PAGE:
We are deeply saddened to report the passing of our colleague Miroslav Svirčević, whose work we have been privileged to publish in the past, and whose last article, “Serbian Radical Party 1881–1903: Ideology and Its Sources,” appears in this issue of Serbian Studies. Read the full issue here.
Born in Belgrade in 1970, Dr. Svirčević attended high school in Pančevo and completed his undergraduate and graduate studies at the Faculty of Law at the University of Belgrade. There he achieved an average of 9.80 and was awarded an internship at the prestigious Cato Institute in Washington, D.C., in 2009. His Master’s thesis, The Dawn of Democracy in Westminster, and his doctoral dissertation, Development of Local Government and the Development of the Modern Serbian State, were published in 2001 and 2011, respectively.
Dr. Svirčević’s professional appointments included that of Research Associate at the Institute for Balkan Studies of the Serbian Academy of Sciences and Arts, in which capacity he investigated the influence of Western European ideas on the development of legal and political institutions in Serbia and other Balkan countries in the 19th and 20th centuries. He also pursued studies of the development of modern libertarianism and the Austrian school of economics. A dedicated and tireless scholar, Dr. Svirčević published dozens of scientific papers in national and international journals, as well as reviews and articles. He was a participant in numerous winter and summer institutes, scientific symposia, and congresses on Balkanology and Libertarianism in Serbia and abroad.
Dr. Svirčević passed away on August 10, 2014
This volume of Serbian Studies is dedicated to the life, experience, and contributions of the Jewish people in Serbia. Their lengthy history on the Balkan Peninsula dates to Roman times. As in the case of other ethnic groups in Antiquity, they were drawn to Serbian lands for a variety of practical considerations, including the opportunities and ease of trade via the peninsula’s network of waterways that provided access to major centers of commerce. Although initially modest in number, Jewish settlements and population increased substantially during the Middle Ages and the period of the Ottoman occupation. Read the full journal here.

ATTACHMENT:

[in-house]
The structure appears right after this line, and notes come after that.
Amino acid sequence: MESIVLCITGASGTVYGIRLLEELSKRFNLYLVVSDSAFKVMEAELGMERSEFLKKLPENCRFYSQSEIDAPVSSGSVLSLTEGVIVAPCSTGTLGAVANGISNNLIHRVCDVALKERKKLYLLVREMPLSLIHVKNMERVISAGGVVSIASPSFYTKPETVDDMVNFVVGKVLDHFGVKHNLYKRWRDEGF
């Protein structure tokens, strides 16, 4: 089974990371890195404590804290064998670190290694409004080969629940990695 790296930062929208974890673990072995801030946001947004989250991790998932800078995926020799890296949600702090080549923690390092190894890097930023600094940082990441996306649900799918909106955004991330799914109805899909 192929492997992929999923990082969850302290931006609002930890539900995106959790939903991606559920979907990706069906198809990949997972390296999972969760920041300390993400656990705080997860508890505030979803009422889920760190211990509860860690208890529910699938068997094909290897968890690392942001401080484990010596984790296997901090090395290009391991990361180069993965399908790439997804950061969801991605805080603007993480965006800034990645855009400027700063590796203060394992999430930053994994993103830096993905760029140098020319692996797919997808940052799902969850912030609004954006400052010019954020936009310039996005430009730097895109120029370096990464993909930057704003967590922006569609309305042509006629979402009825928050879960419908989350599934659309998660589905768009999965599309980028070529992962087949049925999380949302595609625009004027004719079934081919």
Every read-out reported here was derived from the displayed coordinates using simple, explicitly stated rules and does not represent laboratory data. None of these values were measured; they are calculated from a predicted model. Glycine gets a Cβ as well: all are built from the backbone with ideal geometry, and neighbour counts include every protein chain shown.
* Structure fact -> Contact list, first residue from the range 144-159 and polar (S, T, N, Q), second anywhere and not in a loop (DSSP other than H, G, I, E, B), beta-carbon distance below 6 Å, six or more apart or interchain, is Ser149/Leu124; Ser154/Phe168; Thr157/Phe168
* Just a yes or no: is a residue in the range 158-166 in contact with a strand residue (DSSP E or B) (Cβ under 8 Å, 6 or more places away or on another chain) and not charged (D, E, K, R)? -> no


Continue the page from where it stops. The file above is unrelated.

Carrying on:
This special issue of Serbian Studies focuses on the contributions of Serbian women to the first and second generations of the “New Woman” movement that spread across Europe from the latter part of the nineteenth century to 1950. The second wave of “new women” was documented photographically and presented in 2011 in an exhibition entitled “Being Beautiful” at the Historical Museum in Belgrade. The exhibition presented images of the Serbian “New Woman” during the 1930s—wearing trousers and walking down city streets as well as lounging in stylish interiors. During this historical period, women worked to establish a public presence for themselves as teachers, writers, doctors, artists, and professionals in many other fields. Their entry into these uncharted territories resulted in remarkable work that revealed their professional struggles as well as professional advancements. Read the full volume here.
The two volumes (Volume 24(1- 2)) of Serbian Studies are dedicated to Belgrade. Central to the history and culture of the Serbian people and over centuries the city bas played an integral and often pivotal role in the events beyond its borders and in the world--east and west. Through articles, poetry, and prose these volumes speak to the complex, multifaceted character of Belgrade. Read the full volume here.
This issue of the Serbian Studies is dedicated to Laza K. Lazarević (1851–91), a prominent Serbian medical doctor and writer. Lazarević was born in Šabac, to a merchant father, Kuzman, and a homemaker mother, Jelka. In 1860, Laza’s father died and his mother took care of her son and three daughters. After finishing high school in 1865, Lazarević went to Belgrade where he became a student in the Faculty of Law at Velika škola (Serbian School of Higher Education). There he was an admirer of Svetozar Marković, and translated Gogol’s “Diary of a Madman,” and a part of Nikolay Chernyshevsky’s novel, What Is To Be Done? In 1872, Laza K. Lazarević became a medical student in Berlin, where he earned a medical degree in 1879. In between he participated as a field doctor in the Serbo-Turkish War of 1876 and 1878, and later became the personal physician to Serbian king Milan Obrenović. Together with the first Serbian female doctor, Draga Ljočić (1855–1926), Lazarević voluntarily took care of female students. Read more of the full volume here.
A special issue on David Albahari. David Albahari (b. 1948) is one of the most respected contemporary writers in the Serbian language. He published his first collection of short stories
Porodi!no vreme (Family Time) in 1973, and more collections have followed in regular intervals since then: Obi!ne pri!e (Ordinary Stories, 1978), Opis smrti (Description of Death, 1982), Fras u "upi (Shock in Shed, 1984), Jednostavnost (Simplicity, 1988), Pelerina (Cape, 1993), Neobi!ne pri!e
(Unusual Stories, 1999), and Drugi jezik (Another Language, 2003). The following selections of his stories Izabrane pri!e (Selected Stories) and Najlep"e pri!e Davida Albaharija (The Best Stories of David Albahari) were published in 1994 and 2001. Read the full volume here.